John Mackey (b. 1973) holds degrees from the Juilliard School and the Cleveland Institute of Music, where he studied with John Corigliano and Donald Erb, respectively. He has received commissions from the Alvin Ailey Dance Company, the Brooklyn Philharmonic, the Parsons Dance Company, the New York Youth Symphony, the Cleveland Orchestra Youth Orchestra, the Dallas Theater Center, New York City Ballet, the Dallas Wind Symphony, the American Bandmasters Association, and many universities, high schools, middle schools, and military bands. His trombone concerto, Harvest, composed for New York Philharmonic principal trombonist Joseph Alessi, has received dozens of performances worldwide and been commercially recorded three times. Mackey has served as composer-in-residence at the Cabrillo Contemporary Music Festival, the Vail Valley Music Festival, and with youth orchestras in Minneapolis and Seattle.
A two-time winner of the Sousa/ABA/Ostwald Award, Mackey was inducted into the American Bandmasters Association in 2013.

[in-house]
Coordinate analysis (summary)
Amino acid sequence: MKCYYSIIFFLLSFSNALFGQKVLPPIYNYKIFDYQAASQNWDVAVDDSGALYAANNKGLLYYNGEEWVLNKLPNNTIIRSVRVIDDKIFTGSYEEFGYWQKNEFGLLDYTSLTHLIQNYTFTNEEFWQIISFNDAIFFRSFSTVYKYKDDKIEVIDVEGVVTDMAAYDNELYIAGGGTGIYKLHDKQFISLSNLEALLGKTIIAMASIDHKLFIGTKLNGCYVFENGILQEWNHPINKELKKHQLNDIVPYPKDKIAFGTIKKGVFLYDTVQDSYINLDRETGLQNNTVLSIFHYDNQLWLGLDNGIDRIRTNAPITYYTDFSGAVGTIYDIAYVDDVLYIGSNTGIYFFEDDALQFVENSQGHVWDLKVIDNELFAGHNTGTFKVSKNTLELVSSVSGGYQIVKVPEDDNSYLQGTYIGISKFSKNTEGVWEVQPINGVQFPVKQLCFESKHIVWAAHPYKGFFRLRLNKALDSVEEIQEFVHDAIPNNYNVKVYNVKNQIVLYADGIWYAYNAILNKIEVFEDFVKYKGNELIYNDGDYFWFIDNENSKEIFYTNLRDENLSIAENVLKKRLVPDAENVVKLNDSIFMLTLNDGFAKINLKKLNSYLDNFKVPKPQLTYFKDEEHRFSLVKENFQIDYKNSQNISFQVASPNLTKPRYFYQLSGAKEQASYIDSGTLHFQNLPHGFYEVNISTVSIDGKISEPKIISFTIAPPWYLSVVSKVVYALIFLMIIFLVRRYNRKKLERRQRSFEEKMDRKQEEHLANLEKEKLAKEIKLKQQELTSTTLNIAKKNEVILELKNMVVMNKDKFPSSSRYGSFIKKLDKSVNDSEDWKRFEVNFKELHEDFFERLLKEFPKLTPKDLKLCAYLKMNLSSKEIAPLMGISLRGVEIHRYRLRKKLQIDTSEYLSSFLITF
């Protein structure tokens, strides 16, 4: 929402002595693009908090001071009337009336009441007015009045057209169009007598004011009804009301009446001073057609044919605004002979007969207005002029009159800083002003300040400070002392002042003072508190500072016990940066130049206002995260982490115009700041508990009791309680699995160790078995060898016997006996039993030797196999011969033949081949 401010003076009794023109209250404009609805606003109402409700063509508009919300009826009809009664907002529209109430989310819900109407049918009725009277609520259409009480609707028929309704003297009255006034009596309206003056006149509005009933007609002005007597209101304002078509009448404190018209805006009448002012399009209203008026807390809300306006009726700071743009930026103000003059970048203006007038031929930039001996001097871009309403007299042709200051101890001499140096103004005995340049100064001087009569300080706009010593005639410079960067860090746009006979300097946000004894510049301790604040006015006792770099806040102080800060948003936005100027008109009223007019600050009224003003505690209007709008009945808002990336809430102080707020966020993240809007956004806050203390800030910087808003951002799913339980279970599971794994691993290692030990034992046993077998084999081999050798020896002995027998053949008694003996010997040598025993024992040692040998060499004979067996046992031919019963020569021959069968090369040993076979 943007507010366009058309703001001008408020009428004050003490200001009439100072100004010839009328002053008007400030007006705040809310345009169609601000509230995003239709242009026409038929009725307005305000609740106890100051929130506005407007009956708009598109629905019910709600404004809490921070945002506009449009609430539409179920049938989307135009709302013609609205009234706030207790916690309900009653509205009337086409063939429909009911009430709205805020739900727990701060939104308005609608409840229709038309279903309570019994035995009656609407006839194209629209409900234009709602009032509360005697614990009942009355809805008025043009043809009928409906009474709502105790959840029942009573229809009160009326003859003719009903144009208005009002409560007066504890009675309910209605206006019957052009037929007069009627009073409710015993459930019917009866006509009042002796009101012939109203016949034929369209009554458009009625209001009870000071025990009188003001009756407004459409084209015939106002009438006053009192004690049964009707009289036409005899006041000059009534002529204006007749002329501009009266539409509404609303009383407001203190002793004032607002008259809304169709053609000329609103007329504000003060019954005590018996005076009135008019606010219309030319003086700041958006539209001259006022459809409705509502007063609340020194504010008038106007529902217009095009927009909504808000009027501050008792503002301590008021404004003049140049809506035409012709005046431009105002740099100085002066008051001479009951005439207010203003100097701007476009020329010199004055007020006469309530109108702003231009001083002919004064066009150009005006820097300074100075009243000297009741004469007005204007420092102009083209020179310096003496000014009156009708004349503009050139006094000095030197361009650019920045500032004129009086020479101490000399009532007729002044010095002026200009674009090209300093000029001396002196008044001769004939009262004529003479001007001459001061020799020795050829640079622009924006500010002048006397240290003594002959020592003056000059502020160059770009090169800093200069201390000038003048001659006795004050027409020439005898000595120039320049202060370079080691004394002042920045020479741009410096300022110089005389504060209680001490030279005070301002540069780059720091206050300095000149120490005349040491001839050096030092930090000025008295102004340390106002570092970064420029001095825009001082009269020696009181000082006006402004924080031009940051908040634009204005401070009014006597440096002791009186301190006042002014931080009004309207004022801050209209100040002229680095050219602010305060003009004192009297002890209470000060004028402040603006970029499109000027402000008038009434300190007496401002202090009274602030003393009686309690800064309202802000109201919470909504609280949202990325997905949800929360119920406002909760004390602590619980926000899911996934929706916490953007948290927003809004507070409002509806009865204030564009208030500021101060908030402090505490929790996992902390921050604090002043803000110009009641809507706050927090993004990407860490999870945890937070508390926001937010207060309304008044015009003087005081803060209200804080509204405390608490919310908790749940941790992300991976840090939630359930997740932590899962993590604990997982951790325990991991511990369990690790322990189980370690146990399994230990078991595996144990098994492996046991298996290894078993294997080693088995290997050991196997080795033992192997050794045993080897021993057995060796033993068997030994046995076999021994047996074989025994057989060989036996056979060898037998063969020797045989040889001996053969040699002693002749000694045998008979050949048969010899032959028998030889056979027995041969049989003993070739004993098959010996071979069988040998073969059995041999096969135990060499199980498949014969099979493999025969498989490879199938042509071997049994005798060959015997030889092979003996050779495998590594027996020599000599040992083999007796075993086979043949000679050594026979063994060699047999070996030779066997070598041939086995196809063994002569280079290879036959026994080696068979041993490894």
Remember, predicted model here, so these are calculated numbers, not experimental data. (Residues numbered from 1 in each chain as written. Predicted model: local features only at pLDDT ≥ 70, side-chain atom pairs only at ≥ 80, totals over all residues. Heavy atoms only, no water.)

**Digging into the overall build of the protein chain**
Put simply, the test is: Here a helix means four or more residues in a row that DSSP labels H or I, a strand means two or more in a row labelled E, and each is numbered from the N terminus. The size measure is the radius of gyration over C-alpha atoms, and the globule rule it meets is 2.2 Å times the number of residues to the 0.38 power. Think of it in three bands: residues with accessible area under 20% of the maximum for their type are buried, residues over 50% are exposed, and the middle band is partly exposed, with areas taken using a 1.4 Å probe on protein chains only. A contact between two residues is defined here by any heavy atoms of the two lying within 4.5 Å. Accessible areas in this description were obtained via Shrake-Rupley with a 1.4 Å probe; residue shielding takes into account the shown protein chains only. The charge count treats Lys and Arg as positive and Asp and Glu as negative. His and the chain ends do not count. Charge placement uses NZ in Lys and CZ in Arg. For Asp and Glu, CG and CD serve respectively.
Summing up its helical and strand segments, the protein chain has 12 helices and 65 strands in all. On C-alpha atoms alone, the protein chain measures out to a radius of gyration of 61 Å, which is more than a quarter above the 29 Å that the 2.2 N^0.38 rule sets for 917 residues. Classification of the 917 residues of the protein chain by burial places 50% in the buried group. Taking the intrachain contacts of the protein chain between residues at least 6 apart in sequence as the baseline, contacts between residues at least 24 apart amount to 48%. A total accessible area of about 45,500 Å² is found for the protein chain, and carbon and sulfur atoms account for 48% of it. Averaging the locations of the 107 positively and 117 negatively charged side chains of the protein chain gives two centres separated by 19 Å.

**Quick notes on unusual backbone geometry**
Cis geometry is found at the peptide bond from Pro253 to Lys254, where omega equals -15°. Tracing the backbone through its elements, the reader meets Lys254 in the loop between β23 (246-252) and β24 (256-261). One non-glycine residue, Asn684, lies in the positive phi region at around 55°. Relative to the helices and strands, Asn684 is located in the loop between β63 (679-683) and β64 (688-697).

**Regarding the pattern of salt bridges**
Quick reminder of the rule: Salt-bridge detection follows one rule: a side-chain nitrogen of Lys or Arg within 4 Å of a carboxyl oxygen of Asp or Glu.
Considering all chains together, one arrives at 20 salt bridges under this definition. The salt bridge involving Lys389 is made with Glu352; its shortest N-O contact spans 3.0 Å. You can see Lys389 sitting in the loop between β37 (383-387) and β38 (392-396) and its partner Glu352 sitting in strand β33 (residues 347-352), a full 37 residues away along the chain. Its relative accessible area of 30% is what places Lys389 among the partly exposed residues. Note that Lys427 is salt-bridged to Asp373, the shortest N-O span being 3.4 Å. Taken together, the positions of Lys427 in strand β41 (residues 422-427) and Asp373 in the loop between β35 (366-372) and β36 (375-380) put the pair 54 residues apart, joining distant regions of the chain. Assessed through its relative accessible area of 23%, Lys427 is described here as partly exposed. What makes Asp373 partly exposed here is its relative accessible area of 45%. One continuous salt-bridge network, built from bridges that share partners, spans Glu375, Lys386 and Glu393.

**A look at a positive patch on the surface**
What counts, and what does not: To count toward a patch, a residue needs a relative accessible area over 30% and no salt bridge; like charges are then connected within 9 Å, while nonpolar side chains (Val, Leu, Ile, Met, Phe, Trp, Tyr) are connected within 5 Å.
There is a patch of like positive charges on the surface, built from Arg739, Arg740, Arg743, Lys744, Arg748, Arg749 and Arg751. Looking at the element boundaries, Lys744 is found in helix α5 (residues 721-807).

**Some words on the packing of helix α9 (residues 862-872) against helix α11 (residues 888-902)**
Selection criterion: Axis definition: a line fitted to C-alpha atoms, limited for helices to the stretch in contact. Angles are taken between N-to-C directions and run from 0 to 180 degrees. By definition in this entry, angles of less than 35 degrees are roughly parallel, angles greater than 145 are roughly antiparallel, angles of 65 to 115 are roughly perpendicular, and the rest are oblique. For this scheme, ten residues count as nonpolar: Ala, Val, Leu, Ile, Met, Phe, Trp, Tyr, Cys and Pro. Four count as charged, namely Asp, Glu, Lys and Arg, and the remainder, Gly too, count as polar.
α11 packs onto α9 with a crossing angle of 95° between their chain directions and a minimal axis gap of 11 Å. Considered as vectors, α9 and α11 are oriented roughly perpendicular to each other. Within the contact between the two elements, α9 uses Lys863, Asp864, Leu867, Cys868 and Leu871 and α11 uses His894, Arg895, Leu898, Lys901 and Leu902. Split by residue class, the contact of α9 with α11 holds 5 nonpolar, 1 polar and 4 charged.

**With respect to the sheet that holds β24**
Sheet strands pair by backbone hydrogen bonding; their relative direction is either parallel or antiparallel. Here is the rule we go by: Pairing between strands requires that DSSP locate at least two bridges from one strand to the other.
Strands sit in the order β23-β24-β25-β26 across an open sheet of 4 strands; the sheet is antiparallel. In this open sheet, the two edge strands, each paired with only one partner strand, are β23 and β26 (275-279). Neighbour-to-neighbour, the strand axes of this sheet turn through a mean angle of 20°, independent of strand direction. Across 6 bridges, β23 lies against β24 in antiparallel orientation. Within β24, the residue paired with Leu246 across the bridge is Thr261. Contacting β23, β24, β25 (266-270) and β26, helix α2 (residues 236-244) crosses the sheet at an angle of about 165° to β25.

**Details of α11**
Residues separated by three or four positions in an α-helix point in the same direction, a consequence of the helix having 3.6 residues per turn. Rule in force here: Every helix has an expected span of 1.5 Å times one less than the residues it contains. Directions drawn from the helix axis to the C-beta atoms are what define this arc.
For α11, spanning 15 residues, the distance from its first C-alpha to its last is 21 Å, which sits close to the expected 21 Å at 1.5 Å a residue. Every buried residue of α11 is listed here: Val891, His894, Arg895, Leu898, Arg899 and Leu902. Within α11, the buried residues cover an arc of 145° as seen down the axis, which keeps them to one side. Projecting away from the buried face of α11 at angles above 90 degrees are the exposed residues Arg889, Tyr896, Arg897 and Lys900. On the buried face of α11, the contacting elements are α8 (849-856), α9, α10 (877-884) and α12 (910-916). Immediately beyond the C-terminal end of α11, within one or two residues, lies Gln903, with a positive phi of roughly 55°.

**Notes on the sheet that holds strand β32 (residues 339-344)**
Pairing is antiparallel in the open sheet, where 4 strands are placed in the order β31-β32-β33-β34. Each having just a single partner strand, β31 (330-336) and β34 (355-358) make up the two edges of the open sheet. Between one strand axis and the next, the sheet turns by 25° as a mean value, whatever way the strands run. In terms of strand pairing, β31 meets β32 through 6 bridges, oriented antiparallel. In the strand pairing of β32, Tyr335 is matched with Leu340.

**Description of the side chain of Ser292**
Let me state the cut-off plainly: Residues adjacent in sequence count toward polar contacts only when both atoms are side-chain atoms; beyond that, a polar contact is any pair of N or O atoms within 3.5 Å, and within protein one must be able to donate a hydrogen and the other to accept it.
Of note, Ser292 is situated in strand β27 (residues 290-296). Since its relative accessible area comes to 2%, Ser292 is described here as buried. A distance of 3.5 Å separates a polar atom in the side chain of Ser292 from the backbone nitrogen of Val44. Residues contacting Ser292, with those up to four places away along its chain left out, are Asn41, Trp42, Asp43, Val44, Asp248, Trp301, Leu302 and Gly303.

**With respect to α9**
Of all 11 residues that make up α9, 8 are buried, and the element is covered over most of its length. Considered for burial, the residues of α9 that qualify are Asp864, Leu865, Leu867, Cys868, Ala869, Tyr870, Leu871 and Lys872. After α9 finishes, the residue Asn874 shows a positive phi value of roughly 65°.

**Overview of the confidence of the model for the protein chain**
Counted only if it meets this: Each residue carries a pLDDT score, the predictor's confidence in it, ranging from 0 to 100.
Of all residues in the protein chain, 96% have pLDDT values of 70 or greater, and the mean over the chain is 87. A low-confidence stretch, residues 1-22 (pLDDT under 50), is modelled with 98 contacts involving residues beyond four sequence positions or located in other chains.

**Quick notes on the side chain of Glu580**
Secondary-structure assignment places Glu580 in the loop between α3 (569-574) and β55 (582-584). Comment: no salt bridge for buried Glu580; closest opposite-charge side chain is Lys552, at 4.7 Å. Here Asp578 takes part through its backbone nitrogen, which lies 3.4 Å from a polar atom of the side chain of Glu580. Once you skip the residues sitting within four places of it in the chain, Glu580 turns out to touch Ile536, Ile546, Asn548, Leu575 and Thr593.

Mackey won the 2004 Walter Beeler Memorial Composition Prize and the 2005 ABA/Ostwald Award for Redline Tango, an arrangement for wind ensemble of a work originally commissioned by the Brooklyn Philharmonic. In his program notes to the piece, Mackey writes,
Redline Tango takes its title from two sources. The first is the common term of "redlining an engine," or, pushing it to the limit. In the case of this score, "redline" also refers to the "red line," or the IRT subway line (2 & 3 trains) of the New York subway system, which is the train that goes between my apartment on the Upper West Side of Manhattan and BAM, where this work was premiered.
The work is in three sections. The first section is the initial virtuosic "redlining" section, with constantly-driving 16th-notes and a gradual increase in intensity. After the peak comes the second section, the "tango," which is rather light but demented, and even a bit sleazy. The material for the tango is derived directly from the first section of the work. A transition leads us back to an even "redder" version of the first section, with one final pop at the end.
Mackey received the ABA Ostwald Award again in 2009 for Aurora Awakes, which also received the NBA/Revelli Prize. The middle section of the piece is inspired by the guitar riff from U2's "Where the Streets Have No Name."